Jim Crow laws existed through most of my elementary school years until the Civil  Rights Act of 1964.

Loving vs Virginia, striking down anti-miscegenation laws (you can't marry outside your "race"), came as I neared my Junior High School years.

This, from my life, somewhere between those two events. Nothing dramatic in some ways, but oh so telling.

When I was in roughly K-1st grade, we lived in a well-integrated neighborhood in southern California. It wasn't something I thought about; it was just that way. My good friend next door from kindergarten spoke English pretty good; her parents were OK at it, her grandparents who lived with them spoke only Japanese as far as I can recall. I had only a vague idea about what or where Japan was, so it didn't matter.

The family that moved in with kids our age, none of whom spoke much English at all, I think were glad to encounter my mom who did her best with a Spanish-English dictionary to welcome them and get to know them and assist as needed after their flight from Cuba with nothing. Mom did try to explain about Castro and how badly he treated his people, either trapping them in Cuba or imprisoning them for trying to leave or, when they left, as with this family, confiscating everything they owned, including the woman's wedding ring. That they were Cuban was meaningless. That Castro was a bad man was the message.

The black family in an apartment between all of them also had a son my age who was in my K class. We were all just kids.

My class back then. Who's a blonde female minority of one? I never noticed that, either.
Then we moved to a growing town in Colorado, then in the mid-'60s to an IBM town north of New York City.

As far as could tell at my age, they both seemed pretty much like everywhere else I lived. [In retrospect: other than the couple of years described above: white, middle-class professionals, no divorces, I'm not sure I even knew what divorce was.]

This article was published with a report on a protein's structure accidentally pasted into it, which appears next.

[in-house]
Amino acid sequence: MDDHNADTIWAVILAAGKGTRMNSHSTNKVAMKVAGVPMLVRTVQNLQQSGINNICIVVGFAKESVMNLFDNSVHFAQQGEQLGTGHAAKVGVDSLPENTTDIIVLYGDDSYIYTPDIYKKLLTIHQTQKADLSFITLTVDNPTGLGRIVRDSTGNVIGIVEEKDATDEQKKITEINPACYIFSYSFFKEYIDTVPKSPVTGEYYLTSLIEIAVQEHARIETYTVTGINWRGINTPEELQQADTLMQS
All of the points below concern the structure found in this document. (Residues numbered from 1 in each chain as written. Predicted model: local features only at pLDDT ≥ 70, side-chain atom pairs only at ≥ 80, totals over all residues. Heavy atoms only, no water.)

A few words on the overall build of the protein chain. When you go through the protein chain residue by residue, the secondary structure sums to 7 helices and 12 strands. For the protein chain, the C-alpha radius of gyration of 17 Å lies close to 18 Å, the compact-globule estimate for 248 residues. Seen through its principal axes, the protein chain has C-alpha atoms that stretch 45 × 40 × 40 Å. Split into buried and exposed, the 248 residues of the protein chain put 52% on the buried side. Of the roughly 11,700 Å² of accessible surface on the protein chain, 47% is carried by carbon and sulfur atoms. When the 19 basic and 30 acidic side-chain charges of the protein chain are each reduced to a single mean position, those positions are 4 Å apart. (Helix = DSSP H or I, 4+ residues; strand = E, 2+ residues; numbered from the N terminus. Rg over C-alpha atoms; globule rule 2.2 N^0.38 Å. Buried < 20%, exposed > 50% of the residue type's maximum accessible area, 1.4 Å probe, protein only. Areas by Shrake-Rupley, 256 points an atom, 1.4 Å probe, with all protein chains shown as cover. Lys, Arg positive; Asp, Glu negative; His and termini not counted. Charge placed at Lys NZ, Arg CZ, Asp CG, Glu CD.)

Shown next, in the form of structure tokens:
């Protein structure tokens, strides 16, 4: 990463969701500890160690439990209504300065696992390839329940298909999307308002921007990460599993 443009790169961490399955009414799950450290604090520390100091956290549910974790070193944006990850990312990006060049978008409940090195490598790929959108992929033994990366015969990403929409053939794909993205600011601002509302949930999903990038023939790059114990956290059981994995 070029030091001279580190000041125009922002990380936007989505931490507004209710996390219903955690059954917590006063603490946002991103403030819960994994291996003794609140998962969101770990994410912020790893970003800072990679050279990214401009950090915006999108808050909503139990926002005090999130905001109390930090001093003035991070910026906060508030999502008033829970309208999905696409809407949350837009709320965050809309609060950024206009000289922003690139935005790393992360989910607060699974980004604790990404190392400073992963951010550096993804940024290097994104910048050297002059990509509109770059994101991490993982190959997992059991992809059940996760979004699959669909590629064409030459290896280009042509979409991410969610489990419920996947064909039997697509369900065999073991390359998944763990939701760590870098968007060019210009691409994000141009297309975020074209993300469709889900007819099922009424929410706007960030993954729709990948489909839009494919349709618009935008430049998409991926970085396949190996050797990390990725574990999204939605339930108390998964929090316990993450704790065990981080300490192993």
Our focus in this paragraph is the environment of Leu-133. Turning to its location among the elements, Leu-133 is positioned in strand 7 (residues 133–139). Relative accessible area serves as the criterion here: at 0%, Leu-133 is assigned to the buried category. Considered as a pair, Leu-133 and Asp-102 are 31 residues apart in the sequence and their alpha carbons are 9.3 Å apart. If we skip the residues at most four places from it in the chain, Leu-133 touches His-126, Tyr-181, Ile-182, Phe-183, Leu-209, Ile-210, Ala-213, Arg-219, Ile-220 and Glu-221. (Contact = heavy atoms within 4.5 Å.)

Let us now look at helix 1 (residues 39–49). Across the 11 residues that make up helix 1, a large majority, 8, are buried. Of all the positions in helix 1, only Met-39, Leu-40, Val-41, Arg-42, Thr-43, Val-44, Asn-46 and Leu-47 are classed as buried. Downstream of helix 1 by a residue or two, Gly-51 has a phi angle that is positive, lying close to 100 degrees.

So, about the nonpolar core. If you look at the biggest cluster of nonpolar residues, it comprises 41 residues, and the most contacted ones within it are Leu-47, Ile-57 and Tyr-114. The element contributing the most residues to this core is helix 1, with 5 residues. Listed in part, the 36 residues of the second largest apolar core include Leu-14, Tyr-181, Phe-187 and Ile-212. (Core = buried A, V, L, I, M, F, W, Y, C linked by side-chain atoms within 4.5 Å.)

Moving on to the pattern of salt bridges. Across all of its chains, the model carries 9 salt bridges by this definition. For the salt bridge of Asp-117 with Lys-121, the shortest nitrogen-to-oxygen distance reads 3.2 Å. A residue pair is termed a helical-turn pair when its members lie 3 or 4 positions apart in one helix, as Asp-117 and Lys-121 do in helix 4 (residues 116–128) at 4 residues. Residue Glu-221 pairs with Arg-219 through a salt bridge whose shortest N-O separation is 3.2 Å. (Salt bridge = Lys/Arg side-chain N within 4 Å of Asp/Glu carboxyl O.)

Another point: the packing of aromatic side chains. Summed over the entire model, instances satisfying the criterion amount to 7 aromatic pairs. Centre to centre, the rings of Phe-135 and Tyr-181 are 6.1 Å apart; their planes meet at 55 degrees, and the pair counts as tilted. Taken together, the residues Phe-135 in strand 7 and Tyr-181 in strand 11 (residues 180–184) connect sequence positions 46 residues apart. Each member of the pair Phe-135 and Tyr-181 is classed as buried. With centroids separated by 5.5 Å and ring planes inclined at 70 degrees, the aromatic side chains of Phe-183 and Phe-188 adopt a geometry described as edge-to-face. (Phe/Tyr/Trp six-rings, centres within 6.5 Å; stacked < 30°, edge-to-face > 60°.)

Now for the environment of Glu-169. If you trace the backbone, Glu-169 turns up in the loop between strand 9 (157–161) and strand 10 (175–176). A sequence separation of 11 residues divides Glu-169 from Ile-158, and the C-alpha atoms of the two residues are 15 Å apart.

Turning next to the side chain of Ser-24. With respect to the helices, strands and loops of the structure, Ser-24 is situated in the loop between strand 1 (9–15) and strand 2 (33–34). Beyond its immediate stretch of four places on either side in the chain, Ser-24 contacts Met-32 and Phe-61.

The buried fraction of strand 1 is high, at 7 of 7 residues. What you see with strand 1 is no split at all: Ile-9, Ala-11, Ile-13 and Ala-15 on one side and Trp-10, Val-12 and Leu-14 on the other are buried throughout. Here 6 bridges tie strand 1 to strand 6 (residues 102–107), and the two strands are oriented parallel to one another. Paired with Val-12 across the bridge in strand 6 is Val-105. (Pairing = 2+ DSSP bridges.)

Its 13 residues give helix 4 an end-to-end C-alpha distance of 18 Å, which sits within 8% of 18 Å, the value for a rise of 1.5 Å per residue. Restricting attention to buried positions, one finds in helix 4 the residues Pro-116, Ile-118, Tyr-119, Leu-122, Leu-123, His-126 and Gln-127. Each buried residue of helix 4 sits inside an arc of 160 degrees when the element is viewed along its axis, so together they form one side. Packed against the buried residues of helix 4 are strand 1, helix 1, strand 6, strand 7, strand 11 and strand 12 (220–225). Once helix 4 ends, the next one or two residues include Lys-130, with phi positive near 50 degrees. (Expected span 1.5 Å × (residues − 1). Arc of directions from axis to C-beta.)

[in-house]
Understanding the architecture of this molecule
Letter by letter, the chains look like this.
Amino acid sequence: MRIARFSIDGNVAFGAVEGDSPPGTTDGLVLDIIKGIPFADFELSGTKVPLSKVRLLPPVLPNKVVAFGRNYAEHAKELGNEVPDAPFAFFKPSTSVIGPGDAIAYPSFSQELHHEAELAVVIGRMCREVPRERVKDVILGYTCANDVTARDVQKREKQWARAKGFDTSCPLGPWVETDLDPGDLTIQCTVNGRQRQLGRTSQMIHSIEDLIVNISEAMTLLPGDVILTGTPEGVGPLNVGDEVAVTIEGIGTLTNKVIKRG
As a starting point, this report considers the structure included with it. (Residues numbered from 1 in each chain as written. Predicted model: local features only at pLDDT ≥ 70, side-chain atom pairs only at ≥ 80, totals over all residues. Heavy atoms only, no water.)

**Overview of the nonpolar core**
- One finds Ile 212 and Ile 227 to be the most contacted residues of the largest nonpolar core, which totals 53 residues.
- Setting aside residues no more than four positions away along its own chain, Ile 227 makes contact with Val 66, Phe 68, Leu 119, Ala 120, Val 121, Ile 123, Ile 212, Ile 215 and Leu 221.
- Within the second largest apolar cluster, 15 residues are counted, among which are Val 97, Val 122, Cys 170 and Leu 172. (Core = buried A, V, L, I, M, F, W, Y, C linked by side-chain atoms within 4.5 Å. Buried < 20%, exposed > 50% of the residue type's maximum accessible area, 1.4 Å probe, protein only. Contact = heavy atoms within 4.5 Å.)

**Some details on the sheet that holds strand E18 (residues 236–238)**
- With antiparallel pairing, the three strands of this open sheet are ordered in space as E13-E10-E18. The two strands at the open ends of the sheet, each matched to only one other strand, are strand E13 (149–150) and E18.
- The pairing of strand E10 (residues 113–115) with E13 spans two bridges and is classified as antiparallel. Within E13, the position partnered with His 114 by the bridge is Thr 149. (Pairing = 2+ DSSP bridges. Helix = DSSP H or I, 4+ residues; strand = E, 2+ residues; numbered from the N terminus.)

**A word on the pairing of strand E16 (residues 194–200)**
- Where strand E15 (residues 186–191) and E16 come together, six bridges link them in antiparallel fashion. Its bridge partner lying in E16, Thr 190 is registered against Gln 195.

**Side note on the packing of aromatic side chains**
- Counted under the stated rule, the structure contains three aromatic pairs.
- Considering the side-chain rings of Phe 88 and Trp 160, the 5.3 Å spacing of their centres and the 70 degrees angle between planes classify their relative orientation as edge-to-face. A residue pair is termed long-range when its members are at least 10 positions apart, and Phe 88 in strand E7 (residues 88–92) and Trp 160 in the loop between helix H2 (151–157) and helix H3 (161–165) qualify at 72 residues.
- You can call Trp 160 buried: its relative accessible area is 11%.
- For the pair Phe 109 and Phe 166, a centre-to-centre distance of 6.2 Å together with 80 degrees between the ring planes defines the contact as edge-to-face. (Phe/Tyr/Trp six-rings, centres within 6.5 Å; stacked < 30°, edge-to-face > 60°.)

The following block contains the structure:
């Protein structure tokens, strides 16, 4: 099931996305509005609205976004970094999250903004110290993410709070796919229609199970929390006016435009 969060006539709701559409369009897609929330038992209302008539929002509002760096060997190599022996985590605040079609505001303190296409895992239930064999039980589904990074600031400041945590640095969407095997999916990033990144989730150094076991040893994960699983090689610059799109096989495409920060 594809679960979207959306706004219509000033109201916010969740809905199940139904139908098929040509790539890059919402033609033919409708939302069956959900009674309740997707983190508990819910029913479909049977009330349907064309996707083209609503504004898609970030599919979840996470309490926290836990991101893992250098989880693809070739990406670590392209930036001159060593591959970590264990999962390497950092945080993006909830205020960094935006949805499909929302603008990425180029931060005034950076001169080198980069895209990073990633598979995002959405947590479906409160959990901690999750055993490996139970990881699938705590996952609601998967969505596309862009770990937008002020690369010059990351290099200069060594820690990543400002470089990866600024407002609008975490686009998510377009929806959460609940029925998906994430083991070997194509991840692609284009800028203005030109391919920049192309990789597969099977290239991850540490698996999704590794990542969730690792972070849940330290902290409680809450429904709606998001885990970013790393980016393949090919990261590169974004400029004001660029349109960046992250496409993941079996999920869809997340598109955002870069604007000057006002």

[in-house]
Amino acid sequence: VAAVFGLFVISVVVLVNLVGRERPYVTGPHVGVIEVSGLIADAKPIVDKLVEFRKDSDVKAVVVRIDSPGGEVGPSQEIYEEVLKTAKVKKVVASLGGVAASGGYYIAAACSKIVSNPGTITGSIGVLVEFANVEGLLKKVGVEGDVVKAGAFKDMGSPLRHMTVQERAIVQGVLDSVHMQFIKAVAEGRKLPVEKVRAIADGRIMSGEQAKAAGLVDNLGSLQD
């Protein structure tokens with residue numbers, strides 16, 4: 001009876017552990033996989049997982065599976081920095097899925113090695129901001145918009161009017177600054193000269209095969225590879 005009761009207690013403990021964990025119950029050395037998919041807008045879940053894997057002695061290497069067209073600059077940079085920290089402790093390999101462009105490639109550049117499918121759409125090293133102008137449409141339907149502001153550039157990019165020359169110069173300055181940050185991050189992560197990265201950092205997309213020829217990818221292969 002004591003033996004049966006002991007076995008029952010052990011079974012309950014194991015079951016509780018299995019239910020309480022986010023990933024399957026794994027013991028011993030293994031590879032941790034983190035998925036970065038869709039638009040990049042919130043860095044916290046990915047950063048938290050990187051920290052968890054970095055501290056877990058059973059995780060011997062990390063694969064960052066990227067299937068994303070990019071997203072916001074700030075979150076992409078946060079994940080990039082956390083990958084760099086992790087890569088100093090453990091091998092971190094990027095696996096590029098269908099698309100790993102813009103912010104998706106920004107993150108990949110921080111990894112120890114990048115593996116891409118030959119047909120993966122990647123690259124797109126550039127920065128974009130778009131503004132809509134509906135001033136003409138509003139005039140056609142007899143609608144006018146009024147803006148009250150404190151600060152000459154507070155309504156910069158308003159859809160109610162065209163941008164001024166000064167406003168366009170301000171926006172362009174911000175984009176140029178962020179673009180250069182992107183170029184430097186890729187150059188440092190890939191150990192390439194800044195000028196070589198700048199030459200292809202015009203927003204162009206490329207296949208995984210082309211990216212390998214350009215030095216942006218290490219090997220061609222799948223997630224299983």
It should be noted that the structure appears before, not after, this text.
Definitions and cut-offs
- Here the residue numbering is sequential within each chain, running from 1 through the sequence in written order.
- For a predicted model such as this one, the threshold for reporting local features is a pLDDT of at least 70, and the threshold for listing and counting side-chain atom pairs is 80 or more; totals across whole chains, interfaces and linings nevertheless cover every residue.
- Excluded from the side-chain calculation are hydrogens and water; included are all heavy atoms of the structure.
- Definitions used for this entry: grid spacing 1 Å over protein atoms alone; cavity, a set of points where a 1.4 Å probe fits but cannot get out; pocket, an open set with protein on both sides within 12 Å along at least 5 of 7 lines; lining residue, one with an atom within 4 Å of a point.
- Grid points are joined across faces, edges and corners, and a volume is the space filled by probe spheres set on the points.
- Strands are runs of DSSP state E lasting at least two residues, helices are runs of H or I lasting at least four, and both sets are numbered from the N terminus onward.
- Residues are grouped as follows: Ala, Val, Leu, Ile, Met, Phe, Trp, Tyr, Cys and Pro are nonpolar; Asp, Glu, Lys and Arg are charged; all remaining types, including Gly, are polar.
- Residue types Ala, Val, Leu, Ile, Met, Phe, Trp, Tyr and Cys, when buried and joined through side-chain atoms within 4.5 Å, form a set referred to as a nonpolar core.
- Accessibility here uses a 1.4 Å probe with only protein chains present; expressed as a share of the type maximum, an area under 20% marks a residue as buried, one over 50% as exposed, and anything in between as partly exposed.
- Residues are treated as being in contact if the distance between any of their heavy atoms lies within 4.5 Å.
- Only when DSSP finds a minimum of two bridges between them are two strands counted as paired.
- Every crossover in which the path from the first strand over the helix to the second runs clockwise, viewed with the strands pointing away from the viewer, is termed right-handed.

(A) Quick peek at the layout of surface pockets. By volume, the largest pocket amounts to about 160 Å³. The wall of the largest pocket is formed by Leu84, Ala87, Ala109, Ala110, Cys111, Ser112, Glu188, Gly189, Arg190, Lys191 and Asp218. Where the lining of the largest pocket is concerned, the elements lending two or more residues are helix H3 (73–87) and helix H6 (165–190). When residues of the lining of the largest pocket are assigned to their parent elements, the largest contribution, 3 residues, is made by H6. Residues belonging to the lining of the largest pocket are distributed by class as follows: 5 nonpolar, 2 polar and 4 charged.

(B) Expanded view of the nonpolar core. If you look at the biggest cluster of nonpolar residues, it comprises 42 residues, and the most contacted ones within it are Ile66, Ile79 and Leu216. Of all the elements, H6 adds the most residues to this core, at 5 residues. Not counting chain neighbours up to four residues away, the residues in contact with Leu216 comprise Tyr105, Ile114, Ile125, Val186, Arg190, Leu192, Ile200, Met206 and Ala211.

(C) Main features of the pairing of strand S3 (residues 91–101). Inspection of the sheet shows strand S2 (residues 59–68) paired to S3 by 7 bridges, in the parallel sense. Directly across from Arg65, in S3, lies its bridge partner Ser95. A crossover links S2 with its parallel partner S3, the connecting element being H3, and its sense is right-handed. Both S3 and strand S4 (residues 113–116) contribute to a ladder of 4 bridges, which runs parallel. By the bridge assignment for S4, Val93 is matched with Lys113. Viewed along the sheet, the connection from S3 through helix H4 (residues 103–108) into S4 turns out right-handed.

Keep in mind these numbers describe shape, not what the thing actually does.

A family moved in next door to us with five girls  our ages. (We also were 5 girls.) They were black. You can't help but notice that in a world of light-colored faces, but it didn't matter one way or another to me. Was friends with the girl my age and somewhat less with the other ages, which is normal. Had her over for sleepovers a couple of times--that's what we kids did as an excuse to stay up late, I suppose; so, different friends, different weeks.

Visited her home often. One day when I went over there, she introduced me to her grandmother. I said, "Your grandmother? But she's white?" And she said something like, yeah, so? I just had to process it for several seconds, then fumbled a bit, realizing that I had just embarrassed myself, and decided, yeah, so? I had certainly picked up the world view from somewhere (probably in southern CA, just from my experience, not anyone told me) that  people married people who looked like them. Had never had an opportunity to see otherwise. Now i did have the opportunity, and that was that. I was in 5th or 6th grade.

But it speaks to how segregation, whether mandated or societal, enforces assumptions about how people should live.

Same timeframe. Had started to spend time with a girl from a couple of blocks over. We'd play together-- barbies or read comics or just doing whatever kids do. (She wasn't into my other favorites like cowboys or Batman or Green Lantern or climbing and exploring.)  One day while I was with her, a couple of other girls called me from behind another house to come over for a minute.  I did, and they said, why are you playing with her? She's Jewish!  I knew that Jewish was a different religion, because when my girl scout troop went caroling in the neighborhood, we sang different songs for the Jewish houses (dreidels and the like). We knew which houses they were because all the kids knew all the other kids.  We were all in classes together--there were only 2 classes of each grade level, and each year was a different mix of us.

But I didn't know that that meant I  shouldn't play with someone. I have no idea what I said to them or asked them. I have no idea what they told me about why. I think I ran home and asked my mom, leaving my poor friend behind. And I think I got some explanation that those girls were not nice people and being Jewish was just like anything else that any people are--just one descriptor and nothing to affect whether I played with them or not.  I'm pretty sure that I didn't understand then that my dad's dad had been born into a Jewish household.